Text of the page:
Bears crushed by the Bus

ROB LONGLEY -- Toronto Sun

, Last Updated: 8:21 AM ET

PITTSBURGH -- They bolted the snow tires on the Bus yesterday and watched him play hit-and-run with the NFL's best defence.

And when the Pittsburgh Steelers were done smashing apart the Chicago Bears, the victims were splattered all over the winter wonderland that Heinz Field had become.

The 21-9 loss to halt an eight-game winning streak was bad enough for the Bears. But when Jerome (The Bus) Bettis scored his second of two touchdowns, he left wide-load tiretracks all over fearsome linebacker Brian Urlacher.

Steamrolled by Bettis, Urlacher sat on his butt looking like a man wondering what had hit him as the Bus chugged into the end zone for his second of two touchdowns.

"I knew it was him and I knew it was going to be a big hit," said Bettis, who has spent most of the season backing up Willie Parker. "I just tried to play off of it and keep those legs churning. I've made a living off of carrying people.

"That's why they call me the Bus."

Urlacher shrugged off the play but not the end result, a slap for a team that prides itself on playing so physical.

"That's not us," Urlacher said. "That's not the way we play defence."

It was yesterday.

In building up a 9-3 record against for the most part softer NFC foes, the Bears had seemed invincible on D. They had held opponents to just over 10 points per game and were drawing comparisons to the 1985 Super Bowl champion Bears.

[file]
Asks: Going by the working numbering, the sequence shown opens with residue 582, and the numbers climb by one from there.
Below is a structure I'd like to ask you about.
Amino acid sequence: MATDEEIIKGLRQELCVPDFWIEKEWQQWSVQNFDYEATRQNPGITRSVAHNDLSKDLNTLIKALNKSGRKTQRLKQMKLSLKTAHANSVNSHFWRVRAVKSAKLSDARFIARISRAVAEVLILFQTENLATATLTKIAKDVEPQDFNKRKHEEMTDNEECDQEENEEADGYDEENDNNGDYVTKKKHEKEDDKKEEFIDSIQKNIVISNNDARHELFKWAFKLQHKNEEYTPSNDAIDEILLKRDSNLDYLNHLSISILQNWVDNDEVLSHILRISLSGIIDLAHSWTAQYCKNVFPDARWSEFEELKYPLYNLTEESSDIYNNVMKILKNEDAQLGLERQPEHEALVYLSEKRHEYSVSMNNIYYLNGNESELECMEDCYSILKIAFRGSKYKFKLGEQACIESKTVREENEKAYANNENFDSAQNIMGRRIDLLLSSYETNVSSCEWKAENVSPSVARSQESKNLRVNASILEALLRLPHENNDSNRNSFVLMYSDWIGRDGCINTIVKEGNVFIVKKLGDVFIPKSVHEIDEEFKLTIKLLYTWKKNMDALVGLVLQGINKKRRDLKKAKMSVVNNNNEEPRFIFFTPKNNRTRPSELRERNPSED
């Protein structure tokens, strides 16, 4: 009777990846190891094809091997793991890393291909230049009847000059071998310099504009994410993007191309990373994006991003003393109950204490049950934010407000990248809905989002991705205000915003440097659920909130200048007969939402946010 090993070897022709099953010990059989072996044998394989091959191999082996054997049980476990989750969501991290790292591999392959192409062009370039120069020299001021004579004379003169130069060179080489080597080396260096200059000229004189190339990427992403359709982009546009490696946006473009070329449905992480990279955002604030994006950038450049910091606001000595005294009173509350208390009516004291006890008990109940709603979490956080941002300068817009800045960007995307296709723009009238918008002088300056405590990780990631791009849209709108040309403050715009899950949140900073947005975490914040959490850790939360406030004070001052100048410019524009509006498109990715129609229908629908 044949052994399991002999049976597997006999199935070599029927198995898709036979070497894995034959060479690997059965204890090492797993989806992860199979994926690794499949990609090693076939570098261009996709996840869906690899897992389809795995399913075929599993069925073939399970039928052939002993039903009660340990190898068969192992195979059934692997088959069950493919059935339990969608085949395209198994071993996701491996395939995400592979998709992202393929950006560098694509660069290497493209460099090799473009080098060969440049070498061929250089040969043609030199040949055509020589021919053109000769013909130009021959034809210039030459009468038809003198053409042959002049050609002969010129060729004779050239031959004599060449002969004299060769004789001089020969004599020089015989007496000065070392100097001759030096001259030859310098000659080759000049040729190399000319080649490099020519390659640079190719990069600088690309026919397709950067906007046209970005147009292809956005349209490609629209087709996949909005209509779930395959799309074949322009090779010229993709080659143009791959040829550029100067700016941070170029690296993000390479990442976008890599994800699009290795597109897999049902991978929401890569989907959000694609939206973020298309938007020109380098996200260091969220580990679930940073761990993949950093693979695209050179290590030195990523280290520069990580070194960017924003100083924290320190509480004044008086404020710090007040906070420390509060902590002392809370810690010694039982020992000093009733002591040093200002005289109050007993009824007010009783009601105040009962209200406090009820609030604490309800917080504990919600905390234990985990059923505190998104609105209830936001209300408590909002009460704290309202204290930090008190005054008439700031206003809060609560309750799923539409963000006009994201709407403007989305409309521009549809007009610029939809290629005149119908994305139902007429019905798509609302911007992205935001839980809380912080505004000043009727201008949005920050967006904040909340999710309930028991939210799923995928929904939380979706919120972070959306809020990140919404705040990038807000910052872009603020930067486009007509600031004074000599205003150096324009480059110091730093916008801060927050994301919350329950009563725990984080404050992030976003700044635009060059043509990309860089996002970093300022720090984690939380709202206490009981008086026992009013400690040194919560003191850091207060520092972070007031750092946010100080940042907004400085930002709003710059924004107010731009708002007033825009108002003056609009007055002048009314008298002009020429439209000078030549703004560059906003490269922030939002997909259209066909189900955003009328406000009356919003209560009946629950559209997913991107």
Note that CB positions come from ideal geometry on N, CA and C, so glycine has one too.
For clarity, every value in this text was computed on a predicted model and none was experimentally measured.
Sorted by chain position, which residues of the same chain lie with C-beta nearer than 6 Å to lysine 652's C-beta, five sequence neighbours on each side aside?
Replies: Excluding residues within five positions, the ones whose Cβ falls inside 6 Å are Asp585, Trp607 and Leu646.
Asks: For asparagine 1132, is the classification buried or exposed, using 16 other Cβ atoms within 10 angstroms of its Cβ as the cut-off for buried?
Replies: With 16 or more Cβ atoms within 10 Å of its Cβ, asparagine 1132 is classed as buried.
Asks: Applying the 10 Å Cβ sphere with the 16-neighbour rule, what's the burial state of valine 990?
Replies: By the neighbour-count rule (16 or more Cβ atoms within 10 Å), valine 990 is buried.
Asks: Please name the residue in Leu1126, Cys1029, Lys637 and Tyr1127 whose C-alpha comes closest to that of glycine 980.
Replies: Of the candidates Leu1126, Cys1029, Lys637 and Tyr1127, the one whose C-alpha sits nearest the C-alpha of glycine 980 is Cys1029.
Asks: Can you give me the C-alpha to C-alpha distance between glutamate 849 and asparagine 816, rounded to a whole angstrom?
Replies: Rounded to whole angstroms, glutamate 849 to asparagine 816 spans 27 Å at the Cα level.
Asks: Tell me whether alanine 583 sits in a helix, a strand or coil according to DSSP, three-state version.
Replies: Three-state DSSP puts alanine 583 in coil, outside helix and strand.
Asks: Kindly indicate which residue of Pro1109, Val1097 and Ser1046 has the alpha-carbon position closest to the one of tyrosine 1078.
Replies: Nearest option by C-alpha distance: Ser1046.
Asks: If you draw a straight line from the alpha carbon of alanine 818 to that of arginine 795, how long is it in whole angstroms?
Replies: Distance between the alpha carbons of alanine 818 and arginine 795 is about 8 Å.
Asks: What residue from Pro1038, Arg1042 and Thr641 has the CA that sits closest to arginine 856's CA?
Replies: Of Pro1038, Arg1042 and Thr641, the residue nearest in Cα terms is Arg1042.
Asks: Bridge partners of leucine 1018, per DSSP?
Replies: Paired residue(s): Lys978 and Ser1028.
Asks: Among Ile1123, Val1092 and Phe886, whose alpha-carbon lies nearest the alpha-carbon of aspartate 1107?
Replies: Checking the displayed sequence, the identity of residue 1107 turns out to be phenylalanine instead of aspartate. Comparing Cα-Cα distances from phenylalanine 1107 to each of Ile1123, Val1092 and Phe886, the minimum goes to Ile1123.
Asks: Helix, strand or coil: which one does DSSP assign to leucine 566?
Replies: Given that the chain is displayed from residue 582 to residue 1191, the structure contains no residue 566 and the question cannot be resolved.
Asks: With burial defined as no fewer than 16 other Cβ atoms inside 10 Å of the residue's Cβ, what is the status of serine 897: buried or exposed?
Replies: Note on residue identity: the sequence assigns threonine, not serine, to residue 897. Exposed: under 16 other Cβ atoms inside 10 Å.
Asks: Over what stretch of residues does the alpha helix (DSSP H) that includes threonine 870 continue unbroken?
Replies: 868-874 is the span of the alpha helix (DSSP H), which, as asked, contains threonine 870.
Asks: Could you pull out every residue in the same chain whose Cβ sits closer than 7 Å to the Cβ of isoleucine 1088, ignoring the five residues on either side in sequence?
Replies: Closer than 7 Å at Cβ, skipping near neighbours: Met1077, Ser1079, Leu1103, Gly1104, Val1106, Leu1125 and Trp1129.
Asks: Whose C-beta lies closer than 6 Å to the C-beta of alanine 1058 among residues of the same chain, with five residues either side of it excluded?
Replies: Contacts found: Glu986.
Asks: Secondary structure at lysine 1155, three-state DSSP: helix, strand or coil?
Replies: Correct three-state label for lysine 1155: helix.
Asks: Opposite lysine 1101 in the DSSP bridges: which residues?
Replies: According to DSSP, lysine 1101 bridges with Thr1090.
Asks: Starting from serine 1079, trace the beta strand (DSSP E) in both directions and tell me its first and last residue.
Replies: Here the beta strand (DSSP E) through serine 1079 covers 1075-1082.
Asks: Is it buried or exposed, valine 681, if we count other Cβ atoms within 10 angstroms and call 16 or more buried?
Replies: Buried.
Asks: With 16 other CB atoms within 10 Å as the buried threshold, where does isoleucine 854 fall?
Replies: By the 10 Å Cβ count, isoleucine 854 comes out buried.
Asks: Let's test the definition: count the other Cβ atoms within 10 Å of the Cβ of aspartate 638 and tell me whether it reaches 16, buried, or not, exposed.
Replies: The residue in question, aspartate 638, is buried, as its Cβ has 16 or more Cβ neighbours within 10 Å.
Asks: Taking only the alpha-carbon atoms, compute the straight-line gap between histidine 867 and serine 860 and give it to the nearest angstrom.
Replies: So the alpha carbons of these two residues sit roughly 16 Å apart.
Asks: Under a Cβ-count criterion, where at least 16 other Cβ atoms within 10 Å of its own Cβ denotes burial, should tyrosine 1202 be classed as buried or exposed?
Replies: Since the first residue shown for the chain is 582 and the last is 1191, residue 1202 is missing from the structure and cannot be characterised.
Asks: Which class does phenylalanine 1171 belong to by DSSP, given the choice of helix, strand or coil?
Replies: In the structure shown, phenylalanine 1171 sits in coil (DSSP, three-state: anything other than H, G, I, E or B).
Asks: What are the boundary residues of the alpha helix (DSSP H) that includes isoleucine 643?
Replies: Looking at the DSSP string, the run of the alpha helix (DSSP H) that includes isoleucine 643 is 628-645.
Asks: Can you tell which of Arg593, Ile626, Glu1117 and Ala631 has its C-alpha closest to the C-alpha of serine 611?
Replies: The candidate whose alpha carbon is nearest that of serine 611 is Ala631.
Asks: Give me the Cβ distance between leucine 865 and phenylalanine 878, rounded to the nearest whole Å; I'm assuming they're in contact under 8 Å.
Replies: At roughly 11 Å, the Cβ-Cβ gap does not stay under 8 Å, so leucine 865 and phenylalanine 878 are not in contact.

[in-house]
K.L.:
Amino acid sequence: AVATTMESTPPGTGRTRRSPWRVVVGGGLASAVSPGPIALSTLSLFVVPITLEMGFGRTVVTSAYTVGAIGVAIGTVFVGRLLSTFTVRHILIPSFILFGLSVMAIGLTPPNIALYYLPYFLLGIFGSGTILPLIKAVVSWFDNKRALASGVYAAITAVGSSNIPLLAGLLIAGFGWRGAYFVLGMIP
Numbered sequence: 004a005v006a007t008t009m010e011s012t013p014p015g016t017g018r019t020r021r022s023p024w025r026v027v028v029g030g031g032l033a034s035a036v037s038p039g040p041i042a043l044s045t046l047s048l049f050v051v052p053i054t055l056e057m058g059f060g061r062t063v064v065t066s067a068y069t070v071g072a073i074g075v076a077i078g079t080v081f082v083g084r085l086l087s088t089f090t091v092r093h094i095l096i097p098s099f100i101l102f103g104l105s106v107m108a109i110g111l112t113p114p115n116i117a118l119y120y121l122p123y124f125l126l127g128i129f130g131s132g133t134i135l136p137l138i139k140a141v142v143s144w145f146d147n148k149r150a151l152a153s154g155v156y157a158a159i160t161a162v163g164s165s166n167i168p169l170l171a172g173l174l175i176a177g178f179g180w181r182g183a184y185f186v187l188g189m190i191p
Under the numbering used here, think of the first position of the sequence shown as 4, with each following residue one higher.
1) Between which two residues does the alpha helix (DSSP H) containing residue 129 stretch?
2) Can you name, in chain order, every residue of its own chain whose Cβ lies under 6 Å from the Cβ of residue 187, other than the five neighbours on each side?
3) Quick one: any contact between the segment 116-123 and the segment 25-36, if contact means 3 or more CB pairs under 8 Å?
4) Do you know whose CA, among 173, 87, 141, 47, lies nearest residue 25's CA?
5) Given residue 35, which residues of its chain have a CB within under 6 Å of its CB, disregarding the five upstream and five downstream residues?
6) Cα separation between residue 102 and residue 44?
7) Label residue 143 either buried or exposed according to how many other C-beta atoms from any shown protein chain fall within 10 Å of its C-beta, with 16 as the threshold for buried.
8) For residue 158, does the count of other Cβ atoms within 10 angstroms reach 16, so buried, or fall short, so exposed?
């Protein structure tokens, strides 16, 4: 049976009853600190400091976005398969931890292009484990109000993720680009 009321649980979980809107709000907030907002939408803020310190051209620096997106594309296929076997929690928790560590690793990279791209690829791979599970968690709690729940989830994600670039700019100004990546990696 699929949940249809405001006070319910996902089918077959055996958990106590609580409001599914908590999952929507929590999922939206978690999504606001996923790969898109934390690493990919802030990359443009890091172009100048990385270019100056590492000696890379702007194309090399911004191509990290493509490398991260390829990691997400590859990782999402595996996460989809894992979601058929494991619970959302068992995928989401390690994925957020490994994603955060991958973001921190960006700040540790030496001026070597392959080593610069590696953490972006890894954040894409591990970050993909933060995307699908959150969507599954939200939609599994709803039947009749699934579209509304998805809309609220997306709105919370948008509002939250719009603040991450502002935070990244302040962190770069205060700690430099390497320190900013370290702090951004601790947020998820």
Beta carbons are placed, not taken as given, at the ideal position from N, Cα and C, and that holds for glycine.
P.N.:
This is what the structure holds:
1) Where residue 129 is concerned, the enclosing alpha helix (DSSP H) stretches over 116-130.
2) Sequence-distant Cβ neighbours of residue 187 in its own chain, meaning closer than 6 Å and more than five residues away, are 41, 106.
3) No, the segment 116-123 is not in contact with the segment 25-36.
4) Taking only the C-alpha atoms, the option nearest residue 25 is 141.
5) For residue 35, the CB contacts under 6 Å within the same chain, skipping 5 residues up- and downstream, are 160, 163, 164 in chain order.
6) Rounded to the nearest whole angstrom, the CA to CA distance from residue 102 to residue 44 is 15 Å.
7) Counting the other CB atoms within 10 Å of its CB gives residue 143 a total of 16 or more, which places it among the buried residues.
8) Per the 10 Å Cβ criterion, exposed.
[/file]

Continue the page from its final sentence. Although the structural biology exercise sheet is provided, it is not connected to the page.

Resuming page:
But this was a road game against a tough AFC team desperate to stay in playoff contention after three consecutive losses. When Pittsburgh scored on its first posssion, it was the first time the Bears had allowed an opening-drive TD in 18 games.

Suddenly, the script changed for a team that had surrendered just five touchdowns in the previous 106 opponents' possessions.

Suddenly, the Bears had to play catchup with a marginal offence based on the dubious talents of rookie quarterback Kyle Orton.

As the snow continued to fall, the Steelers offensive line was able to push around the Bears' defensive front, giving Bettis the head of steam that makes him nearly unstoppable.

"I've always been known as a mudder and the field really played into my favour," said Bettis, who had just 186 yards in the previous 12 games combined.

The Steelers ran for 190 yards in total, but Bettis was the workhorse with 101, the first time he topped the century mark this season.

The Bears were part surprised and part peeved at being the poundee rather than the pounder.

True, they were without strong safety Mike Brown because of injury, but ultimately they lost the game in the trenches.

"You can't let a back like Jerome Bettis get going," Bears coach Lovie Smith said.

"It's going to be a long game when you play like that."

With the loss and a Minnesota win over St. Louis, the Bears lead over the streaking Vikings has suddenly been reduced to one game in the NFC North.

While the playoff prospects still look good for the Bears (9-4), they are much more dodgy for the Steelers (8-5).

With the Bengals squeaking out a last-second win against the Cleveland Browns yesterday, it will be very difficult for the Steelers to capture their division. They likely are stuck in the wild AFC wild-card race.

"We've underachieved and we've put ourselves in this position," Bettis said. "We're a desperate team and we're going to play like it for the rest of the season."


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